Investors and stakeholders are excited by the Federal Government’s planned divestment of its stake in Joint Oil Ventures (JV) with private oil firms.
The major policy shift will see the government slash its equity in upstream operations significantly to possibly as low as forty percent; a decision private oil firms, particularly multinationals, are anxiously warming up to.
Reason for the New Move: Available information has revealed that the Presidency took the decision to cut its stake in JV oil assets, refineries, and other downstream subsidiaries as part-fulfillment of its Economic Recovery and Growth Plan, which dates back to 2017.
The deal is expected to be consummated and delivered before the 2019 fiscal year is over.
In the same vein, the government is pursuing the divestment of its stakes in JVs to help meet about 10.1 percent of its projected revenue for 2019. The budget presentation document says,
“The overall revenue performance in 2018 is only 55 per cent of the target in the 2018 Budget partly because some one-off items such as the N710bn from Oil Joint Venture (JV) Asset restructuring and N320bn from revision of the Oil Production Sharing Contract legislation/terms have yet to be actualised and have thus been rolled over to 2019.”
What You Should Know: The Nigerian upstream operational structure is essentially divided between JV onshore and shallow water with local oil firms and multinationals. It also entails Production Sharing Contract (PSC) between both parties in deep water offshore, which has attracted enormous interests and massive involvement of International Oil Companies (IOC) over the years.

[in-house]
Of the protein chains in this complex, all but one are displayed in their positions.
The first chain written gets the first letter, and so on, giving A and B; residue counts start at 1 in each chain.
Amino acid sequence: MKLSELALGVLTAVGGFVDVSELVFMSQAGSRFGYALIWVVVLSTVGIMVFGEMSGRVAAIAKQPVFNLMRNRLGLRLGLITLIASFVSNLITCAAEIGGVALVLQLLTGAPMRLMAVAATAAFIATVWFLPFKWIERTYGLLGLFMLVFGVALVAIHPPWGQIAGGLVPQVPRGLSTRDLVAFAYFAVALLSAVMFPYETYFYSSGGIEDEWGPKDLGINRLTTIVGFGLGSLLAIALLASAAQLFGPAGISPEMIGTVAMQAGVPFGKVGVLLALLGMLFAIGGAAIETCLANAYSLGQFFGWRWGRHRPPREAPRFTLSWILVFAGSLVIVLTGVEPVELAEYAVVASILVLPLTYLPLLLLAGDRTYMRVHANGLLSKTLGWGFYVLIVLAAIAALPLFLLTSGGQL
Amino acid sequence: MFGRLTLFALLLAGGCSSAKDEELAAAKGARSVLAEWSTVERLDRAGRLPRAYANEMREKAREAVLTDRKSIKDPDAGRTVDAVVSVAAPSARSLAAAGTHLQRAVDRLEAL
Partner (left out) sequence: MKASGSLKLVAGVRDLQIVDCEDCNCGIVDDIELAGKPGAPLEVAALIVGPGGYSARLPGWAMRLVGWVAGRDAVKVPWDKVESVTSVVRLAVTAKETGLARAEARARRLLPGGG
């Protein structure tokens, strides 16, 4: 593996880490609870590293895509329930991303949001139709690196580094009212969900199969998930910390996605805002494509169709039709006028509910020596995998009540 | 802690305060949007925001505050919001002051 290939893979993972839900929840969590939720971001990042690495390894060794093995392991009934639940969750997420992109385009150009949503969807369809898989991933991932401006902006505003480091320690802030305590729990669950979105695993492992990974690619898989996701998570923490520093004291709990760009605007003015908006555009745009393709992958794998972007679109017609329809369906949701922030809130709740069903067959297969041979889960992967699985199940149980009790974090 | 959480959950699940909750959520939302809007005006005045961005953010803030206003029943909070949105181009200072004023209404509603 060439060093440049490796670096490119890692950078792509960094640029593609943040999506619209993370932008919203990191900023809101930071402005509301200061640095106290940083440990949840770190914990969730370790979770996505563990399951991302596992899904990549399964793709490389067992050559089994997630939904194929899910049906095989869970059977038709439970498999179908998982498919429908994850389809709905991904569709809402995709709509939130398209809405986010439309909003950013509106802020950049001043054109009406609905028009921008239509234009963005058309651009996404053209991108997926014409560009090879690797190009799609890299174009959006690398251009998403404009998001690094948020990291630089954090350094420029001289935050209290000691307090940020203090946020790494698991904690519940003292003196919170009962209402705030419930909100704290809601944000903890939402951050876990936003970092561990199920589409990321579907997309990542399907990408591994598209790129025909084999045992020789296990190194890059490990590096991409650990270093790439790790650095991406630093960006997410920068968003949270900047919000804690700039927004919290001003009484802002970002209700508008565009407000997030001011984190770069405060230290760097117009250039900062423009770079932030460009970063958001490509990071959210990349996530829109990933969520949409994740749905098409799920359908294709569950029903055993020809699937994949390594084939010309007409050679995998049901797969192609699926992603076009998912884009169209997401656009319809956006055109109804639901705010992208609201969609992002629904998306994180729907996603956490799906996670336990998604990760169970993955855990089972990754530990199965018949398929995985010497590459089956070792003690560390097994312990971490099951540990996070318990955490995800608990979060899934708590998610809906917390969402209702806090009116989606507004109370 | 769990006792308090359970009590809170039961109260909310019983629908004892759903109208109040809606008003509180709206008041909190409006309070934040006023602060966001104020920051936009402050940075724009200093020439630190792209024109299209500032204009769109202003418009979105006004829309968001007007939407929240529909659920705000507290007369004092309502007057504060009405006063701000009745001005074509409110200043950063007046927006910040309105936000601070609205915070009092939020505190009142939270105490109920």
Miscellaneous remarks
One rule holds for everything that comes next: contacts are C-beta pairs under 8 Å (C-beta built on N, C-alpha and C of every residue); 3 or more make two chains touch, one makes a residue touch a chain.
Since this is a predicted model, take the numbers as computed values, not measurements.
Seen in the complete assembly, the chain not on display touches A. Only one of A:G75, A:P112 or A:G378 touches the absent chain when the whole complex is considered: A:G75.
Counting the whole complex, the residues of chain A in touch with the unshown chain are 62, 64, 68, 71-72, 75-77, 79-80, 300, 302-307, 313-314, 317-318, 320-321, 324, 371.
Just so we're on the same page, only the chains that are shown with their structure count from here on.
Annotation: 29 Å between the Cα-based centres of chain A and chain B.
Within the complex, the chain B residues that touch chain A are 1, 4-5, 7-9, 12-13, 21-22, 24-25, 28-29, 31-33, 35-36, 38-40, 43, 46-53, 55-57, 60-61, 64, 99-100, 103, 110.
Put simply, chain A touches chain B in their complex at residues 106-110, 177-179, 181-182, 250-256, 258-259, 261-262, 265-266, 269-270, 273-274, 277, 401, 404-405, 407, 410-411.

Ownership Structuve of JVs: The JV between the Nigerian National Petroleum Corporation (NNPC) and Shell allows the NNPC to own 55% stake while the one between the NNPC and others like Chevron and Exxonmobile allows the NNPC to own 60% shareholding.
The JV contract requires the government and the other parties to contribute to the funding of the operations according to their stake in the partnership.
However, the government has, over the years, been accused of failing abysmally to live up to this obligation. This has made it heavily indebted to the other parties.
Why This Matters: If the deal works out, the upstream sector of the oil and gas industry will have more power to operate with less government interference.
In other words, this will afford private oil companies more power to determine the operations of the sector. This, coupled with the aggressive approach to business for which private investors are known for, higher efficiency in the oil and gas sector will be guaranteed.
Also, investors will be attracted to put their money in the lucrative oil and gas business, giving them a platform to leverage key opportunities while unlocking other latent opportunities in the exploration business.
On the part of the government, the proposed divestment of its stake in the oil and gas JVs will not only allow it to meet 10.1% of its 2019 revenue target. According to Austin Avuru, the Managing Director/Chief Executive Officer, Seplat Petroleum Development Company Plc, the divestment would help generate fund for the government to finance the 2019 budget.
On his part, the Managing Director, Aiteo Eastern Exploration and Production Company, Mr Victor Okoronkwo, described government’s move to sell off 10.15 of its JV participation as a very good way of encouraging private joint venture partners to further capitalise and consolidate their positions.
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